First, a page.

How to hold a disciplinary hearing
- 1 Gather the facts - the allegation, evidence, and the employee's past record.
- 2 Try to resolve the issue informally first. If this does not work, raise the matter formally without delay.
- 3 Inform the employee in writing, explaining the reason for the hearing and when it will take place; allow the employee at least three working days' notice to prepare a case.
- 4 Arrange for any witnesses, or evidence you or the employee want to present at the hearing, to be available.
- 5 Tell the employee that they can bring a colleague (or union representative) to the hearing.
- 6 Review your procedures and make sure they conform to the statutory minimum three-step process.
- 7 Prepare yourself to be calm and open-minded throughout the hearing; be ready to adjourn the hearing if tempers become frayed.
- 8 Begin the hearing by explaining what will happen; set and keep to an agenda to maintain control of the hearing.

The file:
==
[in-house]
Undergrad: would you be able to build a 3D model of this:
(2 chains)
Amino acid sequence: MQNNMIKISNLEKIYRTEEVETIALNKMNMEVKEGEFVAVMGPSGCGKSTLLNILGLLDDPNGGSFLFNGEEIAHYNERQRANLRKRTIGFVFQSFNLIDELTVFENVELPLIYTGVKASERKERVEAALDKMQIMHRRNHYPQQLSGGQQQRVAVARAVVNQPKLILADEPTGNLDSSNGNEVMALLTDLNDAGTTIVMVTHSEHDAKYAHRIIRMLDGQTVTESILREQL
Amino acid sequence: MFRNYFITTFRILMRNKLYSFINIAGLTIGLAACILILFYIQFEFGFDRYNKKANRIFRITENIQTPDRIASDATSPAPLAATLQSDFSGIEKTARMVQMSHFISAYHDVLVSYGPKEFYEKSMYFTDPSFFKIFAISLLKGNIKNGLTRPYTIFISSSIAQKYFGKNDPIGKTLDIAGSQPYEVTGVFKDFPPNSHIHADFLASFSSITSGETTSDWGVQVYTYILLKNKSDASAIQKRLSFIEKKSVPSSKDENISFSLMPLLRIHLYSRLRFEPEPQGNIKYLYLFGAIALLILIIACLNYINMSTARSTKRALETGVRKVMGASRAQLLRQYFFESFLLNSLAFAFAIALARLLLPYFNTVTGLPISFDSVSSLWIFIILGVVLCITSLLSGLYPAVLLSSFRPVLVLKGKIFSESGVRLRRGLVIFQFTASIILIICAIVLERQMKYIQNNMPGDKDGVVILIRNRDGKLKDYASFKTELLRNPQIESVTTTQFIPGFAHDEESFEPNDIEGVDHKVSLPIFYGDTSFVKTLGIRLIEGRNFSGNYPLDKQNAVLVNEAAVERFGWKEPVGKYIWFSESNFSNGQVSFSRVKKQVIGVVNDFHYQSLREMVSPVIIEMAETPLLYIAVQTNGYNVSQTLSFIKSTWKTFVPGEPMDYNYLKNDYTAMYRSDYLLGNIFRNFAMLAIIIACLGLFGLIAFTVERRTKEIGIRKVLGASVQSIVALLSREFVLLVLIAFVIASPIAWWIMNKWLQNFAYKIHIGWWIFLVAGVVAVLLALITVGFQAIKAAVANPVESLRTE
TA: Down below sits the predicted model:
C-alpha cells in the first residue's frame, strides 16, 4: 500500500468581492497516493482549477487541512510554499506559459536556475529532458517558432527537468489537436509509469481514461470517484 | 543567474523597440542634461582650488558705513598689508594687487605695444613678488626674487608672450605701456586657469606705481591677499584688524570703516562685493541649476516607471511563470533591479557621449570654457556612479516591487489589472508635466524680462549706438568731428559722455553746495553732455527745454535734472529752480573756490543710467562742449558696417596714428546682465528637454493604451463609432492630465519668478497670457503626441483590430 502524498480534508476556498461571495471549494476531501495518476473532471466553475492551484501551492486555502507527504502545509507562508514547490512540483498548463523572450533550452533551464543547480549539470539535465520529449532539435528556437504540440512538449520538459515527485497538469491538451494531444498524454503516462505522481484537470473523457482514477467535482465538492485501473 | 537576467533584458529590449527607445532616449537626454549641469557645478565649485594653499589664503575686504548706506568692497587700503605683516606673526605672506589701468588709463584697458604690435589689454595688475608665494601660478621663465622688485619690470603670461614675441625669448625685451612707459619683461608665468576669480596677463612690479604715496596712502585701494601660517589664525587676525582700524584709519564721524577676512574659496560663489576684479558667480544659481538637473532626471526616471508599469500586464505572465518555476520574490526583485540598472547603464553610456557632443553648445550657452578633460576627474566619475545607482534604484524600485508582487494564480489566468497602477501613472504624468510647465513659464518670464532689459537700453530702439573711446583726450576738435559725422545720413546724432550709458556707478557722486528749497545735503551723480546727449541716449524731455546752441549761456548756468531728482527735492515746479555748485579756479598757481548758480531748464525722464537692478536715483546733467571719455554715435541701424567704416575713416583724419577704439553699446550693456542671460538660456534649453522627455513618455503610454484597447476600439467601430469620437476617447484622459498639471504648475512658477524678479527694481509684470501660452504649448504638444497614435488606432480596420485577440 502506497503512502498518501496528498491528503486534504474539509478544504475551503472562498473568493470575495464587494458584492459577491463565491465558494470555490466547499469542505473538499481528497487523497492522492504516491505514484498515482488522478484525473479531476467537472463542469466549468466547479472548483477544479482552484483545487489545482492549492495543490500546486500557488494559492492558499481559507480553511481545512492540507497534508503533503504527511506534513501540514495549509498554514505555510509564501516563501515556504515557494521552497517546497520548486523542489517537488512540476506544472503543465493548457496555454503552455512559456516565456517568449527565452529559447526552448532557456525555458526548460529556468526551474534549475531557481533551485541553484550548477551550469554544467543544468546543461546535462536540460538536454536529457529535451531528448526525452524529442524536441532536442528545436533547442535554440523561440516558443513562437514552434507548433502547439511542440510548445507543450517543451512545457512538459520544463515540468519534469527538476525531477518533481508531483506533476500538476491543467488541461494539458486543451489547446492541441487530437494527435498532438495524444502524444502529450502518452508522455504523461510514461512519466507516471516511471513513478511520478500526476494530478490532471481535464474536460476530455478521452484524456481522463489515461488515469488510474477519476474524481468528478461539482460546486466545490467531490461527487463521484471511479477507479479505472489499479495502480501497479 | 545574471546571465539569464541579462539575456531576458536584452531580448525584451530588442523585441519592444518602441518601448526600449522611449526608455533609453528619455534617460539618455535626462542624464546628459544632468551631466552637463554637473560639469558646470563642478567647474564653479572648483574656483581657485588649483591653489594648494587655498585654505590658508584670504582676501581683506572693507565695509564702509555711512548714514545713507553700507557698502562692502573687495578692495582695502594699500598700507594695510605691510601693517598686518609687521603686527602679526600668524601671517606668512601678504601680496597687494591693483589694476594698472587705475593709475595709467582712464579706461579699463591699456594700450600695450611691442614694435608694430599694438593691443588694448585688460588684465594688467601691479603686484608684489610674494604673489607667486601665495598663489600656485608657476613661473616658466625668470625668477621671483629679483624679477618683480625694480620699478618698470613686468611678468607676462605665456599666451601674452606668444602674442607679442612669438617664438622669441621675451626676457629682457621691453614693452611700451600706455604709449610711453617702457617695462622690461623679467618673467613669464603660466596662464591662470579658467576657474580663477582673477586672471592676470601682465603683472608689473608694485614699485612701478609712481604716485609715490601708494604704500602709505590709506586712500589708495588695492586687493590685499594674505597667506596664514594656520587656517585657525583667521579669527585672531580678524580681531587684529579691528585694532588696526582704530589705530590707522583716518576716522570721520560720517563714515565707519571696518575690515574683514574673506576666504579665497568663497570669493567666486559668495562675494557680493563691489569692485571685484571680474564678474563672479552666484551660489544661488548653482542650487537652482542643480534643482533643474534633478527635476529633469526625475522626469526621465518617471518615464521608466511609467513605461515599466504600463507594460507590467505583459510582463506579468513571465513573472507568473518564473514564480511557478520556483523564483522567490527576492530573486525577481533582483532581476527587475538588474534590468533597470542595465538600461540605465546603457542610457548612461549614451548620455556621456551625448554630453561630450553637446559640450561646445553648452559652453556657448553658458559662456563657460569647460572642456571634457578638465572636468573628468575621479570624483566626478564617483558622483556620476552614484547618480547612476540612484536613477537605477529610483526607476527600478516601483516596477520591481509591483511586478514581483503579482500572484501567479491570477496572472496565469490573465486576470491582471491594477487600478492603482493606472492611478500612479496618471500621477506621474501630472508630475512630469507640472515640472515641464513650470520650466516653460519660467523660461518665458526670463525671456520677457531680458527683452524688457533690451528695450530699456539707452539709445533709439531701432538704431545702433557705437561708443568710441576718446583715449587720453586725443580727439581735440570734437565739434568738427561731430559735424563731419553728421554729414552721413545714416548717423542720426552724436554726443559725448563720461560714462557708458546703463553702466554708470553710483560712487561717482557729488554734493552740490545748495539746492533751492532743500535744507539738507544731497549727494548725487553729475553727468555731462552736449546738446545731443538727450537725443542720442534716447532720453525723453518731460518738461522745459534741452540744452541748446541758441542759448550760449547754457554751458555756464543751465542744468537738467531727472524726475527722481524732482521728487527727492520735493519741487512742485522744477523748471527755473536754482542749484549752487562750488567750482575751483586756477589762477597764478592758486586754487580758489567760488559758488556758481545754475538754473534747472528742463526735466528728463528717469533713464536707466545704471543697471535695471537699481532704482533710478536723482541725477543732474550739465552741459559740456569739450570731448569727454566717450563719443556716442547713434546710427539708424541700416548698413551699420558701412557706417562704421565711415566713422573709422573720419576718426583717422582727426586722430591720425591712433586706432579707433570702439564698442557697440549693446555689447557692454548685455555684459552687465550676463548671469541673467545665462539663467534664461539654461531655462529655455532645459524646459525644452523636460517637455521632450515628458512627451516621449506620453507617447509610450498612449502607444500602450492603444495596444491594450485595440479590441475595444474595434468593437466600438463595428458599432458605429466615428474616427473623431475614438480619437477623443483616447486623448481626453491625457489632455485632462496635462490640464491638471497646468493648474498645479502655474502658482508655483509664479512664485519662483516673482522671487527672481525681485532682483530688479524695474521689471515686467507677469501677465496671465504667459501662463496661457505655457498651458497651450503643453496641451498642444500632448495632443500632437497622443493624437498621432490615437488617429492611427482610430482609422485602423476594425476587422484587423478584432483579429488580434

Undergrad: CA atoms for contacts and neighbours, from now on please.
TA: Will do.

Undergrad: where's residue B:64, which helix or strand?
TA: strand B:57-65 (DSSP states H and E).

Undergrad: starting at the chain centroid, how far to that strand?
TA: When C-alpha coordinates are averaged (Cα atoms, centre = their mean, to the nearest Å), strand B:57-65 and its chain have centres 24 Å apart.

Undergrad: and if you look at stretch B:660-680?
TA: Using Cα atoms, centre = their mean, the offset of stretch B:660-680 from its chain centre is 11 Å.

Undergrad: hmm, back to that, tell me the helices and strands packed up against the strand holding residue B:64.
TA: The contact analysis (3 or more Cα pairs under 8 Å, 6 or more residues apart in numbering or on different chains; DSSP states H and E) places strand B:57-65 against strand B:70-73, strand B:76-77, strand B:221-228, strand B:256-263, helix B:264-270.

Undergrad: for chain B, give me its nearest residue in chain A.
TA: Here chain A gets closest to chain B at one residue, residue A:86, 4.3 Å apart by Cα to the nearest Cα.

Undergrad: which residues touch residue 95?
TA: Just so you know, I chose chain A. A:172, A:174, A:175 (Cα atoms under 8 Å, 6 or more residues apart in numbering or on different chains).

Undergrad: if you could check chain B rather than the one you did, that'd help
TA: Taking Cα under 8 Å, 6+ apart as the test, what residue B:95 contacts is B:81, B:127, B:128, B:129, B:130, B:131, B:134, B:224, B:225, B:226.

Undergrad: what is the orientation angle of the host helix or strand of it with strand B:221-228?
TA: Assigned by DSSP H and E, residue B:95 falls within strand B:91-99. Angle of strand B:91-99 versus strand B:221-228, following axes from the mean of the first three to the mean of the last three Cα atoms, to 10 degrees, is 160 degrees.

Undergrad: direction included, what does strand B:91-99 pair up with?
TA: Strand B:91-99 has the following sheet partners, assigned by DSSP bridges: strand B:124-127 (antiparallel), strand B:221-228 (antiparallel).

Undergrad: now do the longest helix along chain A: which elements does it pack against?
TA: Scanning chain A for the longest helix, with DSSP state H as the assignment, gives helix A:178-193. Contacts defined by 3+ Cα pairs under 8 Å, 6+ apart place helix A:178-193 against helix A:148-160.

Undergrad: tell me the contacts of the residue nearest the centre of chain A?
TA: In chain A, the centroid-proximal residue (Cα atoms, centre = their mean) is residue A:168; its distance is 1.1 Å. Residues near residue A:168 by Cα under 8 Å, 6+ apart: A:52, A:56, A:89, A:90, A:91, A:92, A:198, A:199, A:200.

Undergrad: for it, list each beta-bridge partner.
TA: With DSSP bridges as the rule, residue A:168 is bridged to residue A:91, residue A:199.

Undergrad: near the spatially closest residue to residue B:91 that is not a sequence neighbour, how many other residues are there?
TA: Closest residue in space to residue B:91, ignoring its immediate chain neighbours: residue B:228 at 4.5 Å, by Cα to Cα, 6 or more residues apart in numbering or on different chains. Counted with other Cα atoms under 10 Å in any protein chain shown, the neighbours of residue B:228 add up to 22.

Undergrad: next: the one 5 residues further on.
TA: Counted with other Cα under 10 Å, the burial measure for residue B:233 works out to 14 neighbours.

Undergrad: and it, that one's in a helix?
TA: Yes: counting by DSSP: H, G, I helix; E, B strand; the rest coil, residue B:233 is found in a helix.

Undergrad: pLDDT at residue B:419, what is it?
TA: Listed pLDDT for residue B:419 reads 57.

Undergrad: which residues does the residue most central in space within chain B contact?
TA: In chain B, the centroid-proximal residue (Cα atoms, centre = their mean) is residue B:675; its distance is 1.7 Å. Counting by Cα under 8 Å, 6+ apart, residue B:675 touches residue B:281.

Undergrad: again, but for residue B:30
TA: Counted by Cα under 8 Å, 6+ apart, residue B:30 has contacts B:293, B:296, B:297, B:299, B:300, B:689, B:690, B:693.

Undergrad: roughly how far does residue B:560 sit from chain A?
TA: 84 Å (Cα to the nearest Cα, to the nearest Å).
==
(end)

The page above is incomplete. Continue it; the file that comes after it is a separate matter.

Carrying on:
- 9 Present the case against the employee.
- 10 Allow time for a response and consider the case from the other side.
- 11 Clarify any mitigating circumstances for example, if the employee was unaware of the rules, or similar behaviour is widespread.
- 12 Encourage suggestions to help overcome the problem.
- 13 Summarise the discussion and adjourn to make any further investigations necessary and to reach a decision.
- 14 Consider how serious the offence is, what action it merits and any steps which could be taken to improve the situation.
- 15 Inform the employee of your decision as soon as possible in writing; issue and explain any warning.
- 16 Explain that the employee has the right to appeal; if possible any appeal should be heard by someone senior who has not been involved in the initial hearing.
- 17 Throughout, keep a detailed written record; ask the employee to sign any improvement plan, and emphasise the consequences of further offences.
- investigate thoroughly beforehand
- listen to the employee's case
- look for ways to improve the situation
- apply your procedure fairly and consistently
- keep a written record
- jump to conclusions before hearing the employee's case
- become hostile or lose your temper
- make hasty decisions